Fed's Bernanke: Stable Inflation Expectations Mute Price Swings
Swings in volatile energy and food prices will have minimal impact on inflation as long as expectations about inflation are held steady, Federal Reserve Chairman Ben Bernanke said on Tuesday.
"If inflation expectations are well anchored, changes in energy (and food) prices should have relatively little influence on 'core' inflation, that is, inflation excluding the prices of food and energy," Bernanke said in the text of a speech prepared for delivery to the National Bureau of Economic Research in Cambridge, Mass.
Some analysts have suggested that policy makers may need to pay more attention to broad measures of inflation that include food and energy, given recent persistence of gains in these prices.
However, Bernanke appeared to firmly endorse the Fed's long-standing practice of focusing more heavily on core price measures in setting monetary policy.
"Inflation is less responsive than it used to be to changes in oil prices and other supply shocks," he said.
At the same time, Bernanke said the Fed, when forecasting inflation, must acknowledge any possible effects of jumps in food and energy costs on other price rises.
"Forecasts of core inflation must take into account the extent to which food and energy costs are passed through to other prices," he said.
Jason Schenker, economist at Wachovia in Charlotte, N.C., interpreted Bernanke's comments as indicating that the Fed will be on hold for the rest of the year.
"He (Bernanke) is not discussing the current outlook. He is more discussing how inflation plays in and discussing the importance of containing inflation for long-run growth and stability. This is something we've known for a while. If companies in an economy cannot plan for what future costs will be, it is very difficult for them to have stable employment outlooks," Schenker said.
"We think that at this point it doesn't change the Fed's outlook and we think the Fed is on hold for the rest of the year," he added.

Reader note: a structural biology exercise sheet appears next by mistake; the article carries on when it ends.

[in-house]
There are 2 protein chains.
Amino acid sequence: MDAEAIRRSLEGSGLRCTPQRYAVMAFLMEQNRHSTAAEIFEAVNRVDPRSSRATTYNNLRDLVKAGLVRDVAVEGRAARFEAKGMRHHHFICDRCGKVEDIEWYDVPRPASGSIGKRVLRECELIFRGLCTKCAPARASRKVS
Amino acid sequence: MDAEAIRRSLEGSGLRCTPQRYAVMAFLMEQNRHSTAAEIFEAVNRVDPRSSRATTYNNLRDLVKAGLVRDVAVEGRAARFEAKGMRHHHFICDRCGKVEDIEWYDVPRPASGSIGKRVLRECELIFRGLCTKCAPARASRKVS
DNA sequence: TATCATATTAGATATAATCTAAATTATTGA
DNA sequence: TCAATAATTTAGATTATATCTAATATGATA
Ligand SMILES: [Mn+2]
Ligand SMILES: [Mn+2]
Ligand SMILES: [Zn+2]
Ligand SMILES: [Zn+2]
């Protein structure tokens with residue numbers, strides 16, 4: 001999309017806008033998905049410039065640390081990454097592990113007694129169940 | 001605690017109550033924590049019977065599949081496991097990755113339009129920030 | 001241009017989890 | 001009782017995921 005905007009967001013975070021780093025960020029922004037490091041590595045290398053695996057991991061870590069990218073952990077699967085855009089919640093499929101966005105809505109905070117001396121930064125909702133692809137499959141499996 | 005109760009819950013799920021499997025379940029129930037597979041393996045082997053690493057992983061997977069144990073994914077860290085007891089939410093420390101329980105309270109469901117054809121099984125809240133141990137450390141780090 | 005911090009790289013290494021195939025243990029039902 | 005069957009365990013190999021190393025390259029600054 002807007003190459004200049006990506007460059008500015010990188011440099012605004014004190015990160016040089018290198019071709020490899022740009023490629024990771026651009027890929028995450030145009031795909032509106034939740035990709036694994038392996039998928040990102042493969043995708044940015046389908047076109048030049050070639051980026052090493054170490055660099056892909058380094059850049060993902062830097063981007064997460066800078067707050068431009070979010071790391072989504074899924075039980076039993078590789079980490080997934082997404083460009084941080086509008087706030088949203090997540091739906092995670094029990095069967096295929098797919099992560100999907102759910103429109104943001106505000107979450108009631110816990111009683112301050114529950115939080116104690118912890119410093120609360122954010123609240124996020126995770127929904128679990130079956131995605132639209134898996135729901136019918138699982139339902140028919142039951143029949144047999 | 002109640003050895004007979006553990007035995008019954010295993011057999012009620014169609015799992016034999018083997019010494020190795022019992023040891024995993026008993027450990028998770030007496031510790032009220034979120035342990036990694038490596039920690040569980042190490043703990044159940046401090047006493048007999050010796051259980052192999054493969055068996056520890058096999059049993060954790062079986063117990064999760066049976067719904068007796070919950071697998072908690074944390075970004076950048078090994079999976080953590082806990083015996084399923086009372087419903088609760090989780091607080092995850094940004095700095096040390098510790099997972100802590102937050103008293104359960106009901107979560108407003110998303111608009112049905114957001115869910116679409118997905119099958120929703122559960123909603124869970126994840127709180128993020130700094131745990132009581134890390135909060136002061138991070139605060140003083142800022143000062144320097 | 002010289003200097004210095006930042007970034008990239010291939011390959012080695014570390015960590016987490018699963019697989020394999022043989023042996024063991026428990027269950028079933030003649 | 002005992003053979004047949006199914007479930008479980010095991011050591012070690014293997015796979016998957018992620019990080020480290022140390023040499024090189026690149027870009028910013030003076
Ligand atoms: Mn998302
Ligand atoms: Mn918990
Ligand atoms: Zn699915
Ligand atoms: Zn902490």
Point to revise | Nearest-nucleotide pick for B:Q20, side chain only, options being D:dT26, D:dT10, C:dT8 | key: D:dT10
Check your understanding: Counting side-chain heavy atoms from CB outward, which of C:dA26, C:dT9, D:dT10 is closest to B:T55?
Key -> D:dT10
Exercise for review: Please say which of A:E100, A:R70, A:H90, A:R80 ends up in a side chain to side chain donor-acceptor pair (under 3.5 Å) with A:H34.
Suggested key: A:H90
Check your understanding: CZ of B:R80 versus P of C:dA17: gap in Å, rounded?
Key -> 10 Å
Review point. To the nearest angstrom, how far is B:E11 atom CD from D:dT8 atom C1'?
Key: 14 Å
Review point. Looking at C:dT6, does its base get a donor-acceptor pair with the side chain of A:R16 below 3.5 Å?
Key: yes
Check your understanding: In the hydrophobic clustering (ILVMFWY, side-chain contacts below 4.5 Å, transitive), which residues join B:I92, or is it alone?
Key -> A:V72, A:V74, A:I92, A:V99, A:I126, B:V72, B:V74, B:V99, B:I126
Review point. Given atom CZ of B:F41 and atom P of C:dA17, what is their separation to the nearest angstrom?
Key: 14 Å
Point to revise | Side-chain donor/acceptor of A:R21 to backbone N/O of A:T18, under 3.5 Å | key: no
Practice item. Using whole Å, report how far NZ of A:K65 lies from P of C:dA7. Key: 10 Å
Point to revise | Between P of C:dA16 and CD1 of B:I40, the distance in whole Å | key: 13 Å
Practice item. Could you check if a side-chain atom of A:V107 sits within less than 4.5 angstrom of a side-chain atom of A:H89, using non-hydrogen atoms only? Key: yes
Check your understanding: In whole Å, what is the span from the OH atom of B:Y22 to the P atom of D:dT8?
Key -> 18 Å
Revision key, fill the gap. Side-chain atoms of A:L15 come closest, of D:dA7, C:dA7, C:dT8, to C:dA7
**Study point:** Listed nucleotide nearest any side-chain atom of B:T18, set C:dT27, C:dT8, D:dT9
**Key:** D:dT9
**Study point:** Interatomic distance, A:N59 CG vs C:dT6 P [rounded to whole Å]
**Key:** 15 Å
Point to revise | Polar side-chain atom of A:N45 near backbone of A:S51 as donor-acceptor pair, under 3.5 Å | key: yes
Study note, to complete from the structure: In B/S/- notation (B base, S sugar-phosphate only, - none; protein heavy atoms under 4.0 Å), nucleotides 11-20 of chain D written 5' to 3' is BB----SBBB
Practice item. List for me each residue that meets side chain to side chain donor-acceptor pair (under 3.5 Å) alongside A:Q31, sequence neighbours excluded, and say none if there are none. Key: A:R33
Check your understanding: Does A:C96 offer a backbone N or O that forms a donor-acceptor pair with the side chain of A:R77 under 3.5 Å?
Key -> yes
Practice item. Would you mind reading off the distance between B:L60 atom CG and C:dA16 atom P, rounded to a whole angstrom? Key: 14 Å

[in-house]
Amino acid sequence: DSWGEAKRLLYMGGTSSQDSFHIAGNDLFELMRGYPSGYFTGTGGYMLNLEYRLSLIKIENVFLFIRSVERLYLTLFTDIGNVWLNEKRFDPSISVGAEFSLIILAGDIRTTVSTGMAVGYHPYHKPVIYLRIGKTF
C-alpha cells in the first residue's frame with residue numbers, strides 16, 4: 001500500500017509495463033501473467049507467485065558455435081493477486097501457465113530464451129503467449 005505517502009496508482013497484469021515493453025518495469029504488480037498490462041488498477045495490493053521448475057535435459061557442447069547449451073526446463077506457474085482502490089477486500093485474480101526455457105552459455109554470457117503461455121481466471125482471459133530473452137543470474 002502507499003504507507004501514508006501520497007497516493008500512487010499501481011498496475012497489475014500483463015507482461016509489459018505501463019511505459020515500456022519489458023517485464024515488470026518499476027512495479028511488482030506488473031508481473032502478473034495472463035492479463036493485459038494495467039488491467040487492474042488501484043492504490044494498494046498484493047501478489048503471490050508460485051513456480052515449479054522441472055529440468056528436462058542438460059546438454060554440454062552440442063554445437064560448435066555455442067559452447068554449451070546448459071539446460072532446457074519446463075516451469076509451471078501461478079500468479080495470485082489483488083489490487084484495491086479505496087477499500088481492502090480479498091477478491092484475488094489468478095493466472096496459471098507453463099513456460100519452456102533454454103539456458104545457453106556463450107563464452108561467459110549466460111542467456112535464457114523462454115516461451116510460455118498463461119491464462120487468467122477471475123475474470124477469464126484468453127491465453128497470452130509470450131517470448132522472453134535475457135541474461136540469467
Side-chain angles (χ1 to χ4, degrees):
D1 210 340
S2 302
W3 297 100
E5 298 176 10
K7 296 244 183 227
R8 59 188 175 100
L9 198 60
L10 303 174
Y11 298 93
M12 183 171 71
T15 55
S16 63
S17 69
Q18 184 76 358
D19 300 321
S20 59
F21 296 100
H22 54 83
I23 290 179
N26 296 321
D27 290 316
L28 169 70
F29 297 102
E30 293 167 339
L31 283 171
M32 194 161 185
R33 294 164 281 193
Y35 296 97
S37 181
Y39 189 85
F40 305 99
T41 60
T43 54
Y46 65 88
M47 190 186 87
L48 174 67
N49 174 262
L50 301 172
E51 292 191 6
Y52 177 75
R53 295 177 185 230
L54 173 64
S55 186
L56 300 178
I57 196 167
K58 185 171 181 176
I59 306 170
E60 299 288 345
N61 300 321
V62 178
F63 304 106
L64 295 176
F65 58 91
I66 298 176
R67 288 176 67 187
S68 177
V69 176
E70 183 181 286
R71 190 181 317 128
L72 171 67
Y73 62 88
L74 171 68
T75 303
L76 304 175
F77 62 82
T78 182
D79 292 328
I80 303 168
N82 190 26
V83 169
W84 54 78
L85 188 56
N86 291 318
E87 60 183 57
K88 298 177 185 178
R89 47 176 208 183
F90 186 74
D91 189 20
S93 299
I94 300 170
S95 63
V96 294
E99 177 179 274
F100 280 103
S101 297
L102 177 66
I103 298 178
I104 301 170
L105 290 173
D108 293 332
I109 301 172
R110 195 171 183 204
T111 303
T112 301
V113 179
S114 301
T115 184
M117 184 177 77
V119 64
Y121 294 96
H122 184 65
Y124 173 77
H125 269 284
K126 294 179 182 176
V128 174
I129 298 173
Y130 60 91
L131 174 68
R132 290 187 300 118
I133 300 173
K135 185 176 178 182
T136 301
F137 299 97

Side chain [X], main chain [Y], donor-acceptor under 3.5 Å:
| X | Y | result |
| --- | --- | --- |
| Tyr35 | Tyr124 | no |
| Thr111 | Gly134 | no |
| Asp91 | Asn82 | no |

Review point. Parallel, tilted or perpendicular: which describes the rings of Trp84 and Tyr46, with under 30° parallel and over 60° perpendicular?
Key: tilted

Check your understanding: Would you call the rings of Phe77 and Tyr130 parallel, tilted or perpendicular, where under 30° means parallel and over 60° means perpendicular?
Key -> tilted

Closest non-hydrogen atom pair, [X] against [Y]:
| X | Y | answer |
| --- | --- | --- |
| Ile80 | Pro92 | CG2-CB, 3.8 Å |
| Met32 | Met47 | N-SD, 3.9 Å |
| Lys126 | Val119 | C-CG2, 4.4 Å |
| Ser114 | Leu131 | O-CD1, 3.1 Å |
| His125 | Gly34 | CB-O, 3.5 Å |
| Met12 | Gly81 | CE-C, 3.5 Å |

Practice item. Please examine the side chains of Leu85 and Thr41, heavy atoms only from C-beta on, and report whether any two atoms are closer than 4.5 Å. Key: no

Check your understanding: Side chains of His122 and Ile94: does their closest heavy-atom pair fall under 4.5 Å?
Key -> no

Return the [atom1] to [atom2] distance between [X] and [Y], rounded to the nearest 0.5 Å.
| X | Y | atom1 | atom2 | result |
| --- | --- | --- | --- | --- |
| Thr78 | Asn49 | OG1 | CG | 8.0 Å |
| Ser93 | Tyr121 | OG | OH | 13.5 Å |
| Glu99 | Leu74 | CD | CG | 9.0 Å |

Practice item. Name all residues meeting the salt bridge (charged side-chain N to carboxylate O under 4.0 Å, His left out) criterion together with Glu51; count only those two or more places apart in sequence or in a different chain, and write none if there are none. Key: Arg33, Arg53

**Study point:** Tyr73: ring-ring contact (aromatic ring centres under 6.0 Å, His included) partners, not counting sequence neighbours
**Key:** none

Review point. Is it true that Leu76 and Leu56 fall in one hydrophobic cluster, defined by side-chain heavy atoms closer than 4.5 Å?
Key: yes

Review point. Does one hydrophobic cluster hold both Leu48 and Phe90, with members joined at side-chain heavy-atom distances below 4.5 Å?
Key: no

Other analysts interpreted Bernanke's approach as very cautious with regard to impacting the markets.
"It seems like he basically tried hard to side-step any direct market-moving statements. Just the headlines that came out seem nothing really surprising," said Adam Brown, co-head of U.S. Treasury trading at Barclays Capital.
Expectations Are The Key
Bernanke, who presents the Fed's semiannual report on monetary policy to Congress next week, said the extent to which inflation expectations are held steady has "first-order implications" for what happens to inflation and the economy.
One of the reasons inflation is now more stable than in the past in the face of swings in demand is that inflation expectations are now better anchored, he said.
"A one-off change in energy prices can translate into persistent inflation only if it leads to higher expected inflation and a consequent 'wage-price spiral,'" he said.
When the Fed forecasts inflation, it distinguishes between the outlook for the next three to six months and the time horizon beyond that, Bernanke said.
"For all the advances that have been made in modeling and statistical analysis, practical forecasting continues to involve art as well as science," he said.
At its last meeting on June 27-28, the Fed decided to hold the benchmark federal funds rate steady at 5.25%, the level it reached more than a year ago.
In announcing their decision, policy-makers said that while readings on core inflation had improved modestly in recent months, they were waiting for further evidence that price pressures have subsided for good.
As it has for several months, the Fed once again pointed to a tight labor market as a potential source of upward pressure on prices.
Bernanke said in a follow-up question-and-answer session after his speec that he is hopeful to move forward in the "reasonably near future" with ideas on improving communications policies as the central bank.
"We are moving in a very collegial and intellectual way in coming up with new proposals," Bernanke said.
The Fed chief also said interest paid on reserves might serve as an additional instrument of monetary policy control.